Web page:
at this class will graduate in june. [applause] good morning. thank you, mayor lee, office of workforce and economic development, and all the instructors and students who nominated me to speak on behalf of our program. i am truly thankful for all your support. my name is jason chan, a current city build academy student, my late 20's, a local resident of san francisco. for the past few years, i was down into my leg. economic crisis and a lack of work. i had lost my confidence and opportunity was simply not there. the situation made me feel that -- i only have myself to blame for the whole i am in. then i heard about the local hiring ordinance, the possibility of landing some stable work, and at the same time i learned about the city build program through my brother-in-law who is a former
graduate of the program. this program looked like the ticket to get into a good union jobs. my family was already working in construction, thought to myself, heck, i can use this program as a way to redeem myself and to build a brighter future. city build has helped to build my self-confidence. instructors truly care for us. most importantly, they're honest about our personal growth, development, and the construction trade. i also met a lot of peers who without this program, society would have given them out. people in met in double the people i met in this program i feel that they're the real everyday heroes. they are willing to work, rain or shine, in the most dangerous and backbreaking fields and make something out of themselves. i had never seen another program similar to this. heck, i wish i knew programs like this when i graduated from
high school, when i was a fumbling and declared in college. as much as people talk about the local hiring ordinance and how you have to hire that particular percentage of workers, city build should not be simply mandated in giving someone a job, but instead, to train someone for a lifetime career. this program simply does that. it creates opportunity for us. opened many doors to an industry that many san francisco and residents would not have dreamed of. we should grow and improve this program together, make is so it can be a model program to train our future and to show local bay area residents how to build and reinvented ourselves to maintain our glory years by the locals who live here. i would like to thank you, mayor ed lee and the committees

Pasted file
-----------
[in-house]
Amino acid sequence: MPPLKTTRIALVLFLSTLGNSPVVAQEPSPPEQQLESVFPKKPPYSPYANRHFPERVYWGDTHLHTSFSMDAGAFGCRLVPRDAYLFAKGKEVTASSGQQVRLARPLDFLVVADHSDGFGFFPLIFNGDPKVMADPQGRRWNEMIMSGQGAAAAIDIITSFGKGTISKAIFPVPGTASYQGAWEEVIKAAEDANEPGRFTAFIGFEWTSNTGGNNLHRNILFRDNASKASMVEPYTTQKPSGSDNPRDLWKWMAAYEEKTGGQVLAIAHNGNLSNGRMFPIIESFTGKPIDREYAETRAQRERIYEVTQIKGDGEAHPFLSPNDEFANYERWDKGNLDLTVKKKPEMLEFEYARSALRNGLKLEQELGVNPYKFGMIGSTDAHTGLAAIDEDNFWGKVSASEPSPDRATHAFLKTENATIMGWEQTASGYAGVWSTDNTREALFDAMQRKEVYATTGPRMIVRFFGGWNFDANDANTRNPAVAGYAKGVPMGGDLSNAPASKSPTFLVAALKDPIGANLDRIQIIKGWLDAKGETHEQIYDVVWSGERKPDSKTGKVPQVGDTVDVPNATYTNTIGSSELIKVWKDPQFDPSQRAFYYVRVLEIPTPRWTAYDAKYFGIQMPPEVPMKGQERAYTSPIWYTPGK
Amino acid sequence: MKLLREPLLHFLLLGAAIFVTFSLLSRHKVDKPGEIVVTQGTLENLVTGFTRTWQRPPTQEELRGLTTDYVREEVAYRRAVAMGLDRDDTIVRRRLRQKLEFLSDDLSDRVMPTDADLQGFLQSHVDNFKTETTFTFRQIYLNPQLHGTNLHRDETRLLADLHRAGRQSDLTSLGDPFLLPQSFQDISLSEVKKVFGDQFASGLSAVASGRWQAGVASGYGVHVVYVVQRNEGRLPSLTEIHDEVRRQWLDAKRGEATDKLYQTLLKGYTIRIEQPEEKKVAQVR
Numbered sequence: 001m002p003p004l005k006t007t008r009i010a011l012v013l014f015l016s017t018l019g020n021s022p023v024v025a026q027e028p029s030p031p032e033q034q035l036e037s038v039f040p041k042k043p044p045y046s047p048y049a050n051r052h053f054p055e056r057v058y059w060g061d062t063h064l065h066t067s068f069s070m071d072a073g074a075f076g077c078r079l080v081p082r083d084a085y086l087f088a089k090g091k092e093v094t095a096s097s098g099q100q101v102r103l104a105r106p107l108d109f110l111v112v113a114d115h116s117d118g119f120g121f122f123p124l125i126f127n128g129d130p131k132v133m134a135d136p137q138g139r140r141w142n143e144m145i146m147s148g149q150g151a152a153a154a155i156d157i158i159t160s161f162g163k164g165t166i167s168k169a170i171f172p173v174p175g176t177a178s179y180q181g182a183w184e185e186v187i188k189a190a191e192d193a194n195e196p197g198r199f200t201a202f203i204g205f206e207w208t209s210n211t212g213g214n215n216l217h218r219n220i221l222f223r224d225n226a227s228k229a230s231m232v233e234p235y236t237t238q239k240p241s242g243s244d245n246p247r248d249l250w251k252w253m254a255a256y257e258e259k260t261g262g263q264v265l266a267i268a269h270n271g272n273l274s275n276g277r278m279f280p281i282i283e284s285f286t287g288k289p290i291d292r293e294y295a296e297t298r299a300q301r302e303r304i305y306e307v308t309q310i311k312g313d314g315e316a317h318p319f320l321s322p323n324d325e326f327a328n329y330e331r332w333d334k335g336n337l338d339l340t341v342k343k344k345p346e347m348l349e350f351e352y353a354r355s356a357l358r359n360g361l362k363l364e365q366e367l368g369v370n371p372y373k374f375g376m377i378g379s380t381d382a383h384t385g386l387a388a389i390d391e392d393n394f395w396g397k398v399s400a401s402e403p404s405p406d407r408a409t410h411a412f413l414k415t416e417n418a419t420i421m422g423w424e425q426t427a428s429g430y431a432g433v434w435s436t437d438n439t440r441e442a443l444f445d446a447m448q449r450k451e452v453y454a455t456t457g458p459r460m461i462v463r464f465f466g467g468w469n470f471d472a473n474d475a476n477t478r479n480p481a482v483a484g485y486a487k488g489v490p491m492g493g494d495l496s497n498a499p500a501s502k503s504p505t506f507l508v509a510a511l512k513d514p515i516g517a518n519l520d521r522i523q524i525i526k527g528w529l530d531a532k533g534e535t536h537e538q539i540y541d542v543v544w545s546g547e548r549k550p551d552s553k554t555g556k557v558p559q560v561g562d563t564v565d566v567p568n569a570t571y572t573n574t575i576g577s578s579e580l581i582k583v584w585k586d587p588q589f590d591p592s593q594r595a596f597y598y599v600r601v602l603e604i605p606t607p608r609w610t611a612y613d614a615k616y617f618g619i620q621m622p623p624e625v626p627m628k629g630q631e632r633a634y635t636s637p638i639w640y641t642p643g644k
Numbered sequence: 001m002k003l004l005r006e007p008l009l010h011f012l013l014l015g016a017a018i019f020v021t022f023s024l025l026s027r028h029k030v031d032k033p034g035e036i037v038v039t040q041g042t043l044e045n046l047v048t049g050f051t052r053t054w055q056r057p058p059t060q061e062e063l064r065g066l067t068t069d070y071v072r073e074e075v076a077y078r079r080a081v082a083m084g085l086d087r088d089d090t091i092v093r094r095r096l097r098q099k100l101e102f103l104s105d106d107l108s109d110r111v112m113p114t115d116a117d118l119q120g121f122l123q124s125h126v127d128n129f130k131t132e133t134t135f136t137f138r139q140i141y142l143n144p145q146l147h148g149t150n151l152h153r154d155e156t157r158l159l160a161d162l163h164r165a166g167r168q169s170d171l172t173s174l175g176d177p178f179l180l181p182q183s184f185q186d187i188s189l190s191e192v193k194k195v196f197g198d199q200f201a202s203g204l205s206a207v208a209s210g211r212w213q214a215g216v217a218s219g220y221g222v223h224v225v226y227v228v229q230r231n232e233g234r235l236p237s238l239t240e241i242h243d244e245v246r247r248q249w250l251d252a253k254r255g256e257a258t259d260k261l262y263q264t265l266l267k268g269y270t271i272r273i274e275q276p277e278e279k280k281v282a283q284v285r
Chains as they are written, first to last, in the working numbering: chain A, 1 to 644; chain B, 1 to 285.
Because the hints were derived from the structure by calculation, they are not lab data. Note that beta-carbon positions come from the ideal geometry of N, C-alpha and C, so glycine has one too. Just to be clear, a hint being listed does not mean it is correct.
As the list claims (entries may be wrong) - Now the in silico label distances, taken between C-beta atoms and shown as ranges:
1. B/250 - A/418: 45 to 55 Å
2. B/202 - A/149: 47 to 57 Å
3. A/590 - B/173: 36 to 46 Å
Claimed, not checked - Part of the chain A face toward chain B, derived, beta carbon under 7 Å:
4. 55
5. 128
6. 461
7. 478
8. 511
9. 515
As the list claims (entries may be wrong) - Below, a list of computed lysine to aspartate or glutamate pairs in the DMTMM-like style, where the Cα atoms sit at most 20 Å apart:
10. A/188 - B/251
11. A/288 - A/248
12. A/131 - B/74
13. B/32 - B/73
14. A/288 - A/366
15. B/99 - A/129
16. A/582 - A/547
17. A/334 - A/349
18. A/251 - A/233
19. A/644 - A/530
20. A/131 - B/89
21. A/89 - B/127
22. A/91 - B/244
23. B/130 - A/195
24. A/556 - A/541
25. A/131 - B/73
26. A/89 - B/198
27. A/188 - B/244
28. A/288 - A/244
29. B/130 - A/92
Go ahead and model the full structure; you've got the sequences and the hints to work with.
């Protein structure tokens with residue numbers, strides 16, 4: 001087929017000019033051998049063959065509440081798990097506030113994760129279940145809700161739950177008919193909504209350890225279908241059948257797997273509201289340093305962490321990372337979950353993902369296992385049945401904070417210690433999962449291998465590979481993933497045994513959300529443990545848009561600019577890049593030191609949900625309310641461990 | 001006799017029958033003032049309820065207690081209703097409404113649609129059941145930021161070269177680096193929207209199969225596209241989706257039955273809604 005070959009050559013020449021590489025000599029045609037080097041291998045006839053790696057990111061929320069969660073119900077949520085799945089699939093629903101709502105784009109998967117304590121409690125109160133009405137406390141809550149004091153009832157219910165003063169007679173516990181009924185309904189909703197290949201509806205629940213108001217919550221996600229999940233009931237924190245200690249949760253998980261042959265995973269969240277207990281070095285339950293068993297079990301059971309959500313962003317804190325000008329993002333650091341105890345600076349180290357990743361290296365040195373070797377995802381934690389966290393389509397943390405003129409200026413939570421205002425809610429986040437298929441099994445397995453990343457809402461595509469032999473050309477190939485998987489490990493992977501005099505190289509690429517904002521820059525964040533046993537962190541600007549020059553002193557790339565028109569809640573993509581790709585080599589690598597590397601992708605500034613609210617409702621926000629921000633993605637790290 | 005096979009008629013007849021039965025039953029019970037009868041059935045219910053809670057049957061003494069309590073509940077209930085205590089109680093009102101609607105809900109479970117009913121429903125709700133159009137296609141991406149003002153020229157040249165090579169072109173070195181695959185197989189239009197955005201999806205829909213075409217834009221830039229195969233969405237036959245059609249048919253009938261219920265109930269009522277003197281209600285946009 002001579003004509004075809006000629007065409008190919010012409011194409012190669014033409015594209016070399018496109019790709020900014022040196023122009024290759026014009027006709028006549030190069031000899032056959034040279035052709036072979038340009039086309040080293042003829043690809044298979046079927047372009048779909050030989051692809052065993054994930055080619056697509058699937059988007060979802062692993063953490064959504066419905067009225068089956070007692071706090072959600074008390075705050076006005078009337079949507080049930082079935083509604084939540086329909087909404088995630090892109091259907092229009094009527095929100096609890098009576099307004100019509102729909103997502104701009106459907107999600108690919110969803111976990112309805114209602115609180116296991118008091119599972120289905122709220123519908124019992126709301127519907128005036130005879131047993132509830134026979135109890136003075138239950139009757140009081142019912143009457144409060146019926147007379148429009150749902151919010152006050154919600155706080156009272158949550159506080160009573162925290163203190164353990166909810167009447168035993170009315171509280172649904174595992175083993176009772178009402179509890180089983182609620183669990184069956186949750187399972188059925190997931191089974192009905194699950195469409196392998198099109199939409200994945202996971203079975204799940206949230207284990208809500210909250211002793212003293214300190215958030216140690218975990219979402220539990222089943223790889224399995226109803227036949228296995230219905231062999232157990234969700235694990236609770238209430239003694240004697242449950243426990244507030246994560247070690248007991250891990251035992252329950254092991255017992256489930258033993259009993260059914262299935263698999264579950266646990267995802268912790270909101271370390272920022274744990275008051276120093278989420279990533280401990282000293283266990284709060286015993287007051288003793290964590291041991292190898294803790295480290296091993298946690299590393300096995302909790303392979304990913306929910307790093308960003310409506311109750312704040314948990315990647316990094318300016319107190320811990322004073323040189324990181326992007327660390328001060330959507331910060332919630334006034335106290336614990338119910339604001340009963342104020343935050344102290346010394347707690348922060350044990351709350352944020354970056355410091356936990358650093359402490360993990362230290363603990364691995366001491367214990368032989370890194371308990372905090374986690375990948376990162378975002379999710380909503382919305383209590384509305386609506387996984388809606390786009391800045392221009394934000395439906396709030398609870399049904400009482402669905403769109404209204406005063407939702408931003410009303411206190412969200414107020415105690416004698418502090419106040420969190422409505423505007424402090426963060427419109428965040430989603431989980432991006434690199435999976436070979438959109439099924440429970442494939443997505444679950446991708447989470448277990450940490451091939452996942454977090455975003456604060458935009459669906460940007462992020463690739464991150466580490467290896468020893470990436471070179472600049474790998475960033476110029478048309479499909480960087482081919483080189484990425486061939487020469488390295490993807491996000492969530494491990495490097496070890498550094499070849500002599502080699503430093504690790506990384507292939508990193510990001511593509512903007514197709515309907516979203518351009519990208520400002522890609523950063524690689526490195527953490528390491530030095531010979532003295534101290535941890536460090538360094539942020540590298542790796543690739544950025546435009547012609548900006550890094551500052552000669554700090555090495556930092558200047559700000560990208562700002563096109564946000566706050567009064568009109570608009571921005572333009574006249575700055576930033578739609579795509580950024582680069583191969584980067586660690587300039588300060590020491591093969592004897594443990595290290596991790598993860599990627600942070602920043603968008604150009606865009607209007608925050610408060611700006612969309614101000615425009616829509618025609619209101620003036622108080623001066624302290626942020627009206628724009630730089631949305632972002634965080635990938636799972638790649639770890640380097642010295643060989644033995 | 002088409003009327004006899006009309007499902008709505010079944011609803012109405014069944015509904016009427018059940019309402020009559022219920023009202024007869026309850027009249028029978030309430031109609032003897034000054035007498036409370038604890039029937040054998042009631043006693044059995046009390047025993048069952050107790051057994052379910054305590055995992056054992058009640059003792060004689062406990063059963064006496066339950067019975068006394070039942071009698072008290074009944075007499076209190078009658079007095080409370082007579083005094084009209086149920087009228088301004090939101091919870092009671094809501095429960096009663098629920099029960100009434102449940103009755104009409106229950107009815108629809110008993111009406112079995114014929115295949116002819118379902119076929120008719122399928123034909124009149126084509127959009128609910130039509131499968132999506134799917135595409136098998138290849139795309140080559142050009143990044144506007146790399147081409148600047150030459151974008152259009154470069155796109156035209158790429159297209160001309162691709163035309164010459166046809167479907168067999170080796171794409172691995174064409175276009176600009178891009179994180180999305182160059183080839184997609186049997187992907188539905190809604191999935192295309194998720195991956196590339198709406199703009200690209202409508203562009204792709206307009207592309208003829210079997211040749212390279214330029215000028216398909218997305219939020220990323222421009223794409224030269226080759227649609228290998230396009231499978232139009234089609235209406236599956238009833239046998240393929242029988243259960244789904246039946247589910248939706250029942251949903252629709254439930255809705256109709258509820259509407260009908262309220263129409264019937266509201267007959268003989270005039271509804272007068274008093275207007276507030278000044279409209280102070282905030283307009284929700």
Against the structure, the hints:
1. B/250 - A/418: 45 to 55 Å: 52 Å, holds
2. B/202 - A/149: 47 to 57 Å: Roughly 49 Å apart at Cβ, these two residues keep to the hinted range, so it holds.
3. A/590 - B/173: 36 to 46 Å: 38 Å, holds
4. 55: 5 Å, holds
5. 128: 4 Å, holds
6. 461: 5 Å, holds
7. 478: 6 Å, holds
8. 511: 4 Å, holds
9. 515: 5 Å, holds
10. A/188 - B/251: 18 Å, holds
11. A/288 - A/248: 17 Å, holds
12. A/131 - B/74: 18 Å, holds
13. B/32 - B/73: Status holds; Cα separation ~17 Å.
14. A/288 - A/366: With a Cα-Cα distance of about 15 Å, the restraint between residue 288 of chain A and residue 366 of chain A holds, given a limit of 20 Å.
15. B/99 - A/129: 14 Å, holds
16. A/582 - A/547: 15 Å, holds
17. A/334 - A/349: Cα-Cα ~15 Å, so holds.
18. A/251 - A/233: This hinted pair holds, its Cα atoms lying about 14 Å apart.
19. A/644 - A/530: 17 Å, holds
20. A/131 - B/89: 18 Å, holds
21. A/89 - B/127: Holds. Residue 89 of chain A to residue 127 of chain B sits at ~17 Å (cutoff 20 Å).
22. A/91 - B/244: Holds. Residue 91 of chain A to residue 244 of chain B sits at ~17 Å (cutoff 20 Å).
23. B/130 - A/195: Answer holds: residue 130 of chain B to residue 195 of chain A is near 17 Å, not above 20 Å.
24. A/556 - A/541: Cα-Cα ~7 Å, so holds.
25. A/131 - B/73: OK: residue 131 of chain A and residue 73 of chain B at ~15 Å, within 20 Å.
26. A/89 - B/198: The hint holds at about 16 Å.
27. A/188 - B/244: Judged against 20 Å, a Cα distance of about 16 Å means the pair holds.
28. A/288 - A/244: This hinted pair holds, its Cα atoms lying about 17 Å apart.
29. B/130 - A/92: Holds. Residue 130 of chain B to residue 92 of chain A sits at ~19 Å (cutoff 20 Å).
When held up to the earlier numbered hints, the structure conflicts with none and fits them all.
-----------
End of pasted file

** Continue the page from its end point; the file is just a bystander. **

staff, local unions. we cannot thank you enough for your support. indeed mentor at city build academy helping me and my city build brothers and sisters, making dreams come true. thank you. [applause] >> thank you, jason. next, i would like to bring up a member from local 261. as jason manchin, this city build academy is with our great pressure but local 261 -- as jason it mentions. we appreciate our working relationship with local 261 and dave. dave. >> thank you. first and foremost, i want to thank mayor lee for his leadership room and his commitment to providing opportunities to san francisco